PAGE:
As you know, he has been and I think still is rather popular in the United States. He’s even become quite wealthy, earning huge amounts of money speaking in the United States and acting as a consultant to American banks. The estimates in British newspapers about Tony Blair’s wealth run up to $30 million and beyond. He has a huge property portfolio and so on.
Many people would say why not? Bill Clinton made a lot of money when he came out of office, and so have many American presidents.
But the fact is that Tony Blair is a widely disparaged man in this country and I think the publishers probably believe that the prospects for that book are rather better in the United States than they are here in England.
Tavis: So back to the United States – now that the president has given this speech, what’s your sense of what happens next? He says, of course, that he wants now to focus, “Turn the page,” to quote him, to focus on the domestic agenda, and yet we see him now, that is to say the White House and I think rightly, but certainly aggressively engaging itself now in these peace talks between Israel and Palestine at the same time we’re trying to manage this war in Afghanistan.
The president says we’re going to start pulling down troops from that next year. How does he do all of this international stuff, as it were, at the same time?
Burns: I think those of us who believe in a benign provenance or a Lord God almighty better do a little bit of time on our knees over this. The Iraq war is not over. There are still 50,000 American troops in Iraq, a lot can go wrong, already is going wrong, as those American troop numbers build down.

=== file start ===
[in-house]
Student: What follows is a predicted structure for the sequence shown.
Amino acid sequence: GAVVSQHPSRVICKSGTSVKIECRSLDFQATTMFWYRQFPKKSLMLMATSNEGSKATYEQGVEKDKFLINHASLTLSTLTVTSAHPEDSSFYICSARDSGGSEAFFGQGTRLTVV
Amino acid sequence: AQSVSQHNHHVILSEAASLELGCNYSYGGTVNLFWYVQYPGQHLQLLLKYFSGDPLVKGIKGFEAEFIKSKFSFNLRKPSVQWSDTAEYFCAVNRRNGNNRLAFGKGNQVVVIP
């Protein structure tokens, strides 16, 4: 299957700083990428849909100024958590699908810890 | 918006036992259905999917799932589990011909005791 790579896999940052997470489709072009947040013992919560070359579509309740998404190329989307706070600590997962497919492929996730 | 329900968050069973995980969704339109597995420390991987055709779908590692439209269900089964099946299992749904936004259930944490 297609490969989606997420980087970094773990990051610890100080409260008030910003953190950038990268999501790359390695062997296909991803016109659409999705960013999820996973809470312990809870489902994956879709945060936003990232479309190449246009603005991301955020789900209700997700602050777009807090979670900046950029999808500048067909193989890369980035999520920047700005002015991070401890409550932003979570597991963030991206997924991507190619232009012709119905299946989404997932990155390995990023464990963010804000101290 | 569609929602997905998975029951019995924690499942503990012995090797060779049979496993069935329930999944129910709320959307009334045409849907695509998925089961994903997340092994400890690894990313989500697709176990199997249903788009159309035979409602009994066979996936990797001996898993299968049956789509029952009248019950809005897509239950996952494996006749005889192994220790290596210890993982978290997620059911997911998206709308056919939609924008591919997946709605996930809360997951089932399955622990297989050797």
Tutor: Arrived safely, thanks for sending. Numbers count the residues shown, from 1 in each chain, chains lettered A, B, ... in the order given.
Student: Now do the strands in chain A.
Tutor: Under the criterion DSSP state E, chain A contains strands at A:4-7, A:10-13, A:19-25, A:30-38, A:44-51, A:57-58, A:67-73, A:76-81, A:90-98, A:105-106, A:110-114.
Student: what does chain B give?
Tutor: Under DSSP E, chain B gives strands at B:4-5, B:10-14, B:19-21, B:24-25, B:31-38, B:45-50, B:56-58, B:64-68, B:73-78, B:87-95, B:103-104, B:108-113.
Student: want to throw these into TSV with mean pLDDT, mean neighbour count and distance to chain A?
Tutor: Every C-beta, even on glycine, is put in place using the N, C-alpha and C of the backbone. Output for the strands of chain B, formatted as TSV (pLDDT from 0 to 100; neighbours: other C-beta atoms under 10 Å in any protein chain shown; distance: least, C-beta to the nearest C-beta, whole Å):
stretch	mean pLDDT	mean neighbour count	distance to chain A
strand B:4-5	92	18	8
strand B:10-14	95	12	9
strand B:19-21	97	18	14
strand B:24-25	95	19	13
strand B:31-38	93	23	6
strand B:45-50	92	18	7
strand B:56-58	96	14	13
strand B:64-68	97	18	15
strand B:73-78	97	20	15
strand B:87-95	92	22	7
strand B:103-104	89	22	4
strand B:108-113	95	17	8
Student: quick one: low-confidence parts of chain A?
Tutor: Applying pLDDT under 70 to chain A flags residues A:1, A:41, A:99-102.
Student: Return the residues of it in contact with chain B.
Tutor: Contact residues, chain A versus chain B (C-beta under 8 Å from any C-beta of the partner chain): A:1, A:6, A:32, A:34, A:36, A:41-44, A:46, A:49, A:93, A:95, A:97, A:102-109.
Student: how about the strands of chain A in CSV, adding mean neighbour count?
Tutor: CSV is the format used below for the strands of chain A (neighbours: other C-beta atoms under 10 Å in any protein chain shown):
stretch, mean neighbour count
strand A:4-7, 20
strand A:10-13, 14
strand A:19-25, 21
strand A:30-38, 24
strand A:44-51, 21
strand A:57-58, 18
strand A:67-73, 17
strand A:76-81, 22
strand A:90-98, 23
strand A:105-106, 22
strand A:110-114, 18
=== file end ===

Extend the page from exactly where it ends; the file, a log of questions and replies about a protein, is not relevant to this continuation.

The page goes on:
There is a rising trajectory of violence, more suicide bombings. There is a risk of resumption of large-scale insurgency, even civil war, and we have to hope that President Obama is not confronted sometime next year with a decision as to whether to continue with those withdrawals if, in the judgment of the president and his aides that’s likely to, if you will, remove the last impediment to, shall we say, a civil war.
Then you have the situation in Afghanistan. The president could end up a year from now with two bad wars unless there’s a turnaround in Iraq, which is not yet, as far as I can see, on the horizon.
So I think there are some pretty choppy waters ahead, and that’s even before you get to the tangled mess of the Middle East, which of course he’s engaging in even as you and I speak.
Tavis: Finally, then, John Burns, given what you’ve just said, you don’t sound hopeful to me. Maybe I’m mis-hearing you.
Burns: I’m not hopeful, but I also think, as I said at the beginning, that it’s time for those troops to come home. I think the Iraqis have had plenty of time to find a way to political reconciliation between themselves. They have largely squandered that. They’ve settled none of the fundamental political issues in Iraq, not even any fundamental agreement on who should govern the country as between the majority Shiites and the minority Sunnis.
I think America has borne this burden for long enough. That, of course, does not deal with the what-if – what if chaos does break out? What then happens to stability in the region, in the Middle East, to oil prices? It’s a devilish situation and I think that we’d better all hope and pray that somehow the Iraqis come to their senses, come to some kind of political reconciliation having stared over that abyss and do not once again go down the road towards widespread violence and civil war.
Tavis: John Burns, I’m always honored to have you on this program and always appreciate your earnest insights. Thank you for your time, sir.
Burns: Thank you, Tavis.
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Last modified: April 26, 2011 at 12:28 pm